Through his inquiry, Bhalla obtained several documents from St. Louis University indicating that the plaintiff had neither registered for the conference nor presented a paper. Following this inquiry, Bhalla sent to Norton, the university president, a memorandum with supporting documents gathered pursuant to his investigation (collectively, memorandum). The documents submitted to Norton in support of Bhalla's memorandum included the following: (1) the plaintiff's reimbursement request, including the registration receipt; (2) a list of the conference registrants, which did not include the plaintiff's name; (3) an e-mail to Bhalla from an employee of St. Louis University whose signature appeared on the plaintiff's registration receipt stating, “I believe that the receipt has been altered. I used the Ariel 16 font with only the first letter of the first and last names capitalized and the receipt has both names typed in all caps and looks to be in a font other than Ariel 16”; (4) a list of individuals who presented papers at the conference, which did not include the plaintiff's name; (5) an e-mail to Bhalla from the conference moderator stating that the plaintiff did not present his paper.
Subsequently, the university police department obtained a copy of Bhalla's memorandum and applied for a warrant to arrest the plaintiff on the charge of attempt to commit larceny in the second degree in violation of General Statutes §§ 53a–49 and 53a–123. The affidavit supporting the warrant application stated that it was based upon Bhalla's memorandum to Norton, as well as an investigation conducted by John Flynn, a detective with the university police department. On September 20, 2005, the police arrested the plaintiff pursuant to the arrest warrant. The state subsequently nolled the criminal charge on July 18, 2006.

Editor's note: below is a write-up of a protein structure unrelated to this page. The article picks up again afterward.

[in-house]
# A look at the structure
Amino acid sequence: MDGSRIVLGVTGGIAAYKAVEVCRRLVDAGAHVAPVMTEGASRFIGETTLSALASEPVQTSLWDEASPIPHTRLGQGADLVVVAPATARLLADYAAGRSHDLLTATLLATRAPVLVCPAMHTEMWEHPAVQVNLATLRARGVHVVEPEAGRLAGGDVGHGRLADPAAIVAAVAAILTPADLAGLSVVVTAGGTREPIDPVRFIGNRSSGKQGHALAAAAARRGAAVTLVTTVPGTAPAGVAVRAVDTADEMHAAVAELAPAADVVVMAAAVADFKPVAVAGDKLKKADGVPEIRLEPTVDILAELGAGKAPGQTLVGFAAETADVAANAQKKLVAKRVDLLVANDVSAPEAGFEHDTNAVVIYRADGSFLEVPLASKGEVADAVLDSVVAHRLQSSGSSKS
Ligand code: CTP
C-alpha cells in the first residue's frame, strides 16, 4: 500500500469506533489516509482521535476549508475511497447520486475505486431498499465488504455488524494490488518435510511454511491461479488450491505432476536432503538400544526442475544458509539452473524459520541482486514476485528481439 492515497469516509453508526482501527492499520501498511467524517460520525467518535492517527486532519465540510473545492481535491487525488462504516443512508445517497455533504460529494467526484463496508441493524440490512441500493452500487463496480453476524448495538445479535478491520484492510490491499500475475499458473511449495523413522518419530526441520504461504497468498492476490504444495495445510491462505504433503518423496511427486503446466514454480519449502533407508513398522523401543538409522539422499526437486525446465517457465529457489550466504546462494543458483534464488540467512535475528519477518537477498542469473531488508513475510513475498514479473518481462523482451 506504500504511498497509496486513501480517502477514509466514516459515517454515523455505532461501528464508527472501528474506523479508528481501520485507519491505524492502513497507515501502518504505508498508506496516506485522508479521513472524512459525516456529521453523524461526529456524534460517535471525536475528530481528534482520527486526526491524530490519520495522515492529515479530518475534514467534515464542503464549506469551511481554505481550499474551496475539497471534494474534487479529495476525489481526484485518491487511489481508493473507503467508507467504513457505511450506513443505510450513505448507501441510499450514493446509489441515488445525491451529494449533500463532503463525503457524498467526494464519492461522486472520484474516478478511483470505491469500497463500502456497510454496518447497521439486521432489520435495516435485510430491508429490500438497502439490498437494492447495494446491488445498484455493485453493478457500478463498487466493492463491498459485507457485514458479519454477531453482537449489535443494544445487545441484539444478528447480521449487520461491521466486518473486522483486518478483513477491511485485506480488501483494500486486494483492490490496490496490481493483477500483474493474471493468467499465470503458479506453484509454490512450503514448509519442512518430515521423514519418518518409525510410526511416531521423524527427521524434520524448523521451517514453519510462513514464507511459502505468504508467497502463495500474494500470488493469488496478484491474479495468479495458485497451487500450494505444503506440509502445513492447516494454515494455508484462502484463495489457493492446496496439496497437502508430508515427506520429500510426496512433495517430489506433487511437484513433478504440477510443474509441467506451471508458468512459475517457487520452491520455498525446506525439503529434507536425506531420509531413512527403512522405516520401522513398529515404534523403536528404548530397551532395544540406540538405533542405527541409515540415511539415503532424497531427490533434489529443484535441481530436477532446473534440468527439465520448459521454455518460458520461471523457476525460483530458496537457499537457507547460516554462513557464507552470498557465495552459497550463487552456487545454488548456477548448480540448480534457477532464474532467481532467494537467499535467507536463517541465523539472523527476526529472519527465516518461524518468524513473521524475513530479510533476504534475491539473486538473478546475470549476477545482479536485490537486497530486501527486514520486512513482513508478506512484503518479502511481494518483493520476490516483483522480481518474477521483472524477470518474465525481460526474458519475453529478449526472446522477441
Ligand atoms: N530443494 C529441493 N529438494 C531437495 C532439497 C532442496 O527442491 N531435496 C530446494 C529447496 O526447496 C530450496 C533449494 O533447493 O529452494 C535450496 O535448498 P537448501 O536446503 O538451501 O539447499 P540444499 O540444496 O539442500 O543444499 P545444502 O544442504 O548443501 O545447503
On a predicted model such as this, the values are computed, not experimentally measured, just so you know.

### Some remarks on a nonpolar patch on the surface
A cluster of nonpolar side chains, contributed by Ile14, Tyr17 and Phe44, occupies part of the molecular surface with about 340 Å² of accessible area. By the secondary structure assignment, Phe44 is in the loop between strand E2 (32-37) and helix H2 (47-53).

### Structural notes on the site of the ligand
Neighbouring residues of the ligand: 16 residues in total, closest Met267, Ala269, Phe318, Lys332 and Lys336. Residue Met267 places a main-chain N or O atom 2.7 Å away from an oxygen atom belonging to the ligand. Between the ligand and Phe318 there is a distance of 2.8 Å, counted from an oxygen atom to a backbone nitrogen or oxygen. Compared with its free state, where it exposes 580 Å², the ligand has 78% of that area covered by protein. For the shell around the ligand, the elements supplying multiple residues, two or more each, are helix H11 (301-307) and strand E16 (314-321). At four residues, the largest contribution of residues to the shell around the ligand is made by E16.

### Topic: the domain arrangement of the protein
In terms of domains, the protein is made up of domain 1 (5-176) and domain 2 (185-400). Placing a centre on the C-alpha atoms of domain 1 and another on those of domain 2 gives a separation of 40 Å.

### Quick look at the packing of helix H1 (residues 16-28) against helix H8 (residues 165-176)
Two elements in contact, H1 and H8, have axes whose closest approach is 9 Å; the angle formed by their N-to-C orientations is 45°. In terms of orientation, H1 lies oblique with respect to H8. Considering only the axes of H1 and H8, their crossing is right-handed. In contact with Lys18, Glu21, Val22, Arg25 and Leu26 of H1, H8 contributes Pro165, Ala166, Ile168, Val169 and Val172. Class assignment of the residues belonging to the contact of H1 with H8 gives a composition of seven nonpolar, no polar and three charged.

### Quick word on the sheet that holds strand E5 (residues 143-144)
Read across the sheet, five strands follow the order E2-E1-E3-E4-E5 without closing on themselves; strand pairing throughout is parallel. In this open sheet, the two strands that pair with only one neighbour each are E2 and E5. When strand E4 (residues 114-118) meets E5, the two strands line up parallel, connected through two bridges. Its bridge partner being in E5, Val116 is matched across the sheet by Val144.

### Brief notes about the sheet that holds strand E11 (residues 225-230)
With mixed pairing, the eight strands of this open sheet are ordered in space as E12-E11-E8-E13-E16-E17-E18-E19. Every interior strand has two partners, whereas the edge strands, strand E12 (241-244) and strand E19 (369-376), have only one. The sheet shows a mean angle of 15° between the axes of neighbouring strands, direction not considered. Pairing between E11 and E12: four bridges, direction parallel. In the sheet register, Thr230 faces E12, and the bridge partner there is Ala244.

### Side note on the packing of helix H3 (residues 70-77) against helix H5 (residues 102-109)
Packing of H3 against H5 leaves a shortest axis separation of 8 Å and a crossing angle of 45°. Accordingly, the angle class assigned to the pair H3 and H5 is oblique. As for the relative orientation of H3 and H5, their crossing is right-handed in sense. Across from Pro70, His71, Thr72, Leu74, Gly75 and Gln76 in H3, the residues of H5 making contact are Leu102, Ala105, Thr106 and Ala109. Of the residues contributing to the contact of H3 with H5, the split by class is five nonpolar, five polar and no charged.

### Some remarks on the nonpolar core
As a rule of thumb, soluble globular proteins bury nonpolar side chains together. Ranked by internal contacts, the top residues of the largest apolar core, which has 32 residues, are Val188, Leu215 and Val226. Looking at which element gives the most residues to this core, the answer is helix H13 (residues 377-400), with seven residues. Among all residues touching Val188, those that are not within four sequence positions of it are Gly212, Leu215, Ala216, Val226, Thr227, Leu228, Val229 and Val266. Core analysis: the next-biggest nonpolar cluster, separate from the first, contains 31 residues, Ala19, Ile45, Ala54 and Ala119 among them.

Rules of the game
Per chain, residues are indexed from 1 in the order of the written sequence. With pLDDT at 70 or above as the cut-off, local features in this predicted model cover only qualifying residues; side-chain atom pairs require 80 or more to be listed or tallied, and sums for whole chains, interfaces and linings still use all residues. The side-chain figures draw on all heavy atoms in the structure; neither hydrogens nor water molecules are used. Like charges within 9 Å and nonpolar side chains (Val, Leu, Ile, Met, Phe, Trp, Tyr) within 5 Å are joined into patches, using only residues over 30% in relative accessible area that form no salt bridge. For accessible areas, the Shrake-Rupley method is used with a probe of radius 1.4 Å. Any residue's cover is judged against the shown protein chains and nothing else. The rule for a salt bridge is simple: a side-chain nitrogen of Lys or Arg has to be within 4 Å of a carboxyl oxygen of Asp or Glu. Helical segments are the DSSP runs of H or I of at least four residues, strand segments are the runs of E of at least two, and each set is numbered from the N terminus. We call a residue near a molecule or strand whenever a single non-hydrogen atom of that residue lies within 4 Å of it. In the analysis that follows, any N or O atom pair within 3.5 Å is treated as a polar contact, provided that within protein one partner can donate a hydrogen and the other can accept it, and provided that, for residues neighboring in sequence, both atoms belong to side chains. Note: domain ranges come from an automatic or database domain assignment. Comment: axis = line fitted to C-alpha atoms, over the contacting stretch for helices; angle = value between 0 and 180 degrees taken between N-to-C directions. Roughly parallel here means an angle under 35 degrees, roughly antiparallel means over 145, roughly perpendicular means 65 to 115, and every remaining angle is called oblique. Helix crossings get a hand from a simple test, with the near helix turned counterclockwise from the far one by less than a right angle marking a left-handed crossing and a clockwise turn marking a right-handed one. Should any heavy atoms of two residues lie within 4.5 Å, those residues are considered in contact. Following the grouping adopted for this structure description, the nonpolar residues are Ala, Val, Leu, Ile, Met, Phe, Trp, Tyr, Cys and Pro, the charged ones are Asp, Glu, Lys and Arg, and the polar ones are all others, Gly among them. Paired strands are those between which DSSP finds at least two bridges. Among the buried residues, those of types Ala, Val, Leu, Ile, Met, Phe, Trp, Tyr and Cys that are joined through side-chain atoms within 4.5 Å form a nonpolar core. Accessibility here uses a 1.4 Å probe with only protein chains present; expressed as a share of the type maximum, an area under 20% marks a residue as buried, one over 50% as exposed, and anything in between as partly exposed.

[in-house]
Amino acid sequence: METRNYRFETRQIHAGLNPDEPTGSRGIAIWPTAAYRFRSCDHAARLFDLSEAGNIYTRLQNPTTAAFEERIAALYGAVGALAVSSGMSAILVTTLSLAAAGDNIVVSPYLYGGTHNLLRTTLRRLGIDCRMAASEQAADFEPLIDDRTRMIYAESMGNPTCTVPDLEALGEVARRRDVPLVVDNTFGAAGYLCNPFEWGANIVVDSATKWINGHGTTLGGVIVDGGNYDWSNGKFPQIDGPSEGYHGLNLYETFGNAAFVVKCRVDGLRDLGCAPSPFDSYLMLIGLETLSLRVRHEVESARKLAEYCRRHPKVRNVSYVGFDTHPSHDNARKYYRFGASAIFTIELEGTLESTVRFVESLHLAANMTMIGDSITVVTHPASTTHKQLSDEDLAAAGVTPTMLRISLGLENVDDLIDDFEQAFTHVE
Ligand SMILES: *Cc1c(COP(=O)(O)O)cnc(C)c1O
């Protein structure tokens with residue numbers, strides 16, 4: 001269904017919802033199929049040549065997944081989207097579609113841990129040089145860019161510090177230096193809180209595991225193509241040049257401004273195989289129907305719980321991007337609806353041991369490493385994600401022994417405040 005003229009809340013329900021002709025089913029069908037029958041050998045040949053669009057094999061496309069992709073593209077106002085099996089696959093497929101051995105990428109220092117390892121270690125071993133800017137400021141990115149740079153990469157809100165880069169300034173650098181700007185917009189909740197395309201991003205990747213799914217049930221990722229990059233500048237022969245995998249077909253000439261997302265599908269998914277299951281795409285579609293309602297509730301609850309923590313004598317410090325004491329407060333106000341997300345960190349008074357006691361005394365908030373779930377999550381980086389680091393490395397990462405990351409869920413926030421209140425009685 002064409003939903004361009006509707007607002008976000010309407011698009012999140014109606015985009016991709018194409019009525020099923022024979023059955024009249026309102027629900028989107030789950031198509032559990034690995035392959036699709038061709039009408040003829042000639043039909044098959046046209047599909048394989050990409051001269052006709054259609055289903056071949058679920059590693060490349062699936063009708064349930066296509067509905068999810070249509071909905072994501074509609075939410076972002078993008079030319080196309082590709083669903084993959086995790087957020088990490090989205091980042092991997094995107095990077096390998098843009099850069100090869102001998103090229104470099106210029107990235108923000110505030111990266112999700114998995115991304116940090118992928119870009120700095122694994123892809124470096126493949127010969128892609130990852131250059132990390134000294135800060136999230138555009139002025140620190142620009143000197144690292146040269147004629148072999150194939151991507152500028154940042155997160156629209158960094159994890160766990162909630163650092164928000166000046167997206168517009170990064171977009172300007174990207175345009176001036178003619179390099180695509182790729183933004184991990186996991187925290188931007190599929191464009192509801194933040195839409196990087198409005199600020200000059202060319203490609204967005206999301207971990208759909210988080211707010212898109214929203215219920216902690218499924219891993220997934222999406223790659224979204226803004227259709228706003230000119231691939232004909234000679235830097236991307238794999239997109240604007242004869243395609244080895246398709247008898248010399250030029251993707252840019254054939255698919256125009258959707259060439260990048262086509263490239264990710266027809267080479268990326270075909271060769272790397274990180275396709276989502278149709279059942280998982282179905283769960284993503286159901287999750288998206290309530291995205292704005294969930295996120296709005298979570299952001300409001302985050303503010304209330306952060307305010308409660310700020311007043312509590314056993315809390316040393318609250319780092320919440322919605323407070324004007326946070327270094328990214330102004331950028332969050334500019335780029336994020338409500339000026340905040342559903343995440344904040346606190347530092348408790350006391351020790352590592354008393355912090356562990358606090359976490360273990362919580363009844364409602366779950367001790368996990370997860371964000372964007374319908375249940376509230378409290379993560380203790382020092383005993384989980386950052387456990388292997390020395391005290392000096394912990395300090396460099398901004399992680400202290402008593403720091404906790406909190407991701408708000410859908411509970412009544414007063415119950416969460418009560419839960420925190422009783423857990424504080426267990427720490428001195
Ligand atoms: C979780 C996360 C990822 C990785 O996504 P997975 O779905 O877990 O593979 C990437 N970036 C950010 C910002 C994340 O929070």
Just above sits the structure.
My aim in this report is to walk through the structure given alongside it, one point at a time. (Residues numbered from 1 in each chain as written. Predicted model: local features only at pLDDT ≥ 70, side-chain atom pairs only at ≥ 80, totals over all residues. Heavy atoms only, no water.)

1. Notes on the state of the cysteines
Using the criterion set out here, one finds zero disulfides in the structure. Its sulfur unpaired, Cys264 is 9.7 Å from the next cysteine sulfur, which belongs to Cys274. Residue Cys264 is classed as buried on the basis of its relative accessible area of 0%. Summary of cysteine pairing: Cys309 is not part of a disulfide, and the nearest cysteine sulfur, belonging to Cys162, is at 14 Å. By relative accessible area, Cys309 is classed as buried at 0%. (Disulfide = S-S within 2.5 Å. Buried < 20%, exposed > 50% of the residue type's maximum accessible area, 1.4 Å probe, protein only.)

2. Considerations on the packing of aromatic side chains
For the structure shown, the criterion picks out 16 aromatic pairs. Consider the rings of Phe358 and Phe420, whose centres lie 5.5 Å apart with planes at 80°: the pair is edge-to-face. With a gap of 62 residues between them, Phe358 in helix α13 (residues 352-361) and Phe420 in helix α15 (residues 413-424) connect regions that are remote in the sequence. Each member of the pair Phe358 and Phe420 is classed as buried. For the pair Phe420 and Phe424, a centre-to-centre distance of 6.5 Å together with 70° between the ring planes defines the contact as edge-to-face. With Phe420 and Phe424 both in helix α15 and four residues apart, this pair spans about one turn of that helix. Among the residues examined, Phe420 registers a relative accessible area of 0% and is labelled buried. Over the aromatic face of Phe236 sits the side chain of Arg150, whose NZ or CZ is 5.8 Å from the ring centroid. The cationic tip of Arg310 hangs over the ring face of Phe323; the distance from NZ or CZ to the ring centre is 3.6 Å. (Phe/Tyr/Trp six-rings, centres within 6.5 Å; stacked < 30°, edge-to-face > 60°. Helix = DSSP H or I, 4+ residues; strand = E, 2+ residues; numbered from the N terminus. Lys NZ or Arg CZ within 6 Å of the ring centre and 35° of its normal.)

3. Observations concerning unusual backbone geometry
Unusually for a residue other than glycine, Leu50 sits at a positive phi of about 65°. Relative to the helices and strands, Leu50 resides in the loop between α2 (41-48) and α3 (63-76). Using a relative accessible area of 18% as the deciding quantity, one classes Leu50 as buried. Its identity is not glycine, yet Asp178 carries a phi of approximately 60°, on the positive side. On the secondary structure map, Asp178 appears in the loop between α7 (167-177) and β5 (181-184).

The plaintiff subsequently filed this action against the defendants in their individual capacities, alleging, inter alia, false arrest, malicious prosecution, and defamation. With respect to his claims of false arrest and malicious prosecution, the plaintiff alleged that after he furnished his reimbursement request to Bhalla, “the defendant Bhalla falsely, maliciously and without probable cause to do so stated in writing in a letter to the ․ [u]niversity and Norton, inter alia, that: A. The plaintiff engaged in ‘[f]raudulent behavior and ethical [misconduct]’; B. The plaintiff ‘[d]id not attend the 8th annual Ethics and Technology Conference in St. Louis University on June 24–25, 2005’; C. The plaintiff ‘did not pay the registration fee of $ 175.00’; and D. The plaintiff was on vacation from June 16, 2005 through June 26, 2005.” The complaint further alleged that “[a]t or about the time of the false allegations letter, the defendants met and planned the steps they would take against the plaintiff․ At that meeting, the defendant Norton ordered her subordinates to take the strongest possible measures against the plaintiff․ Thereafter ․ the defendant Bhalla or one or more agents, officers or employees of the ․ [u]niversity, with malice and without probable cause to do so, contacted the [university] [p]olice [d]epartment for the purpose of having the plaintiff arrested․ In support of the desire and effort to have the plaintiff arrested ․ the defendant Bhalla or one or more agents, officers or employees of the ․ [u]niversity provided the [university] police with the letter referenced above, containing numerous false allegations and statements regarding the plaintiff․ Numerous false statements contained in the letter appeared verbatim in the [a]ffidavit in support of the plaintiff's arrest․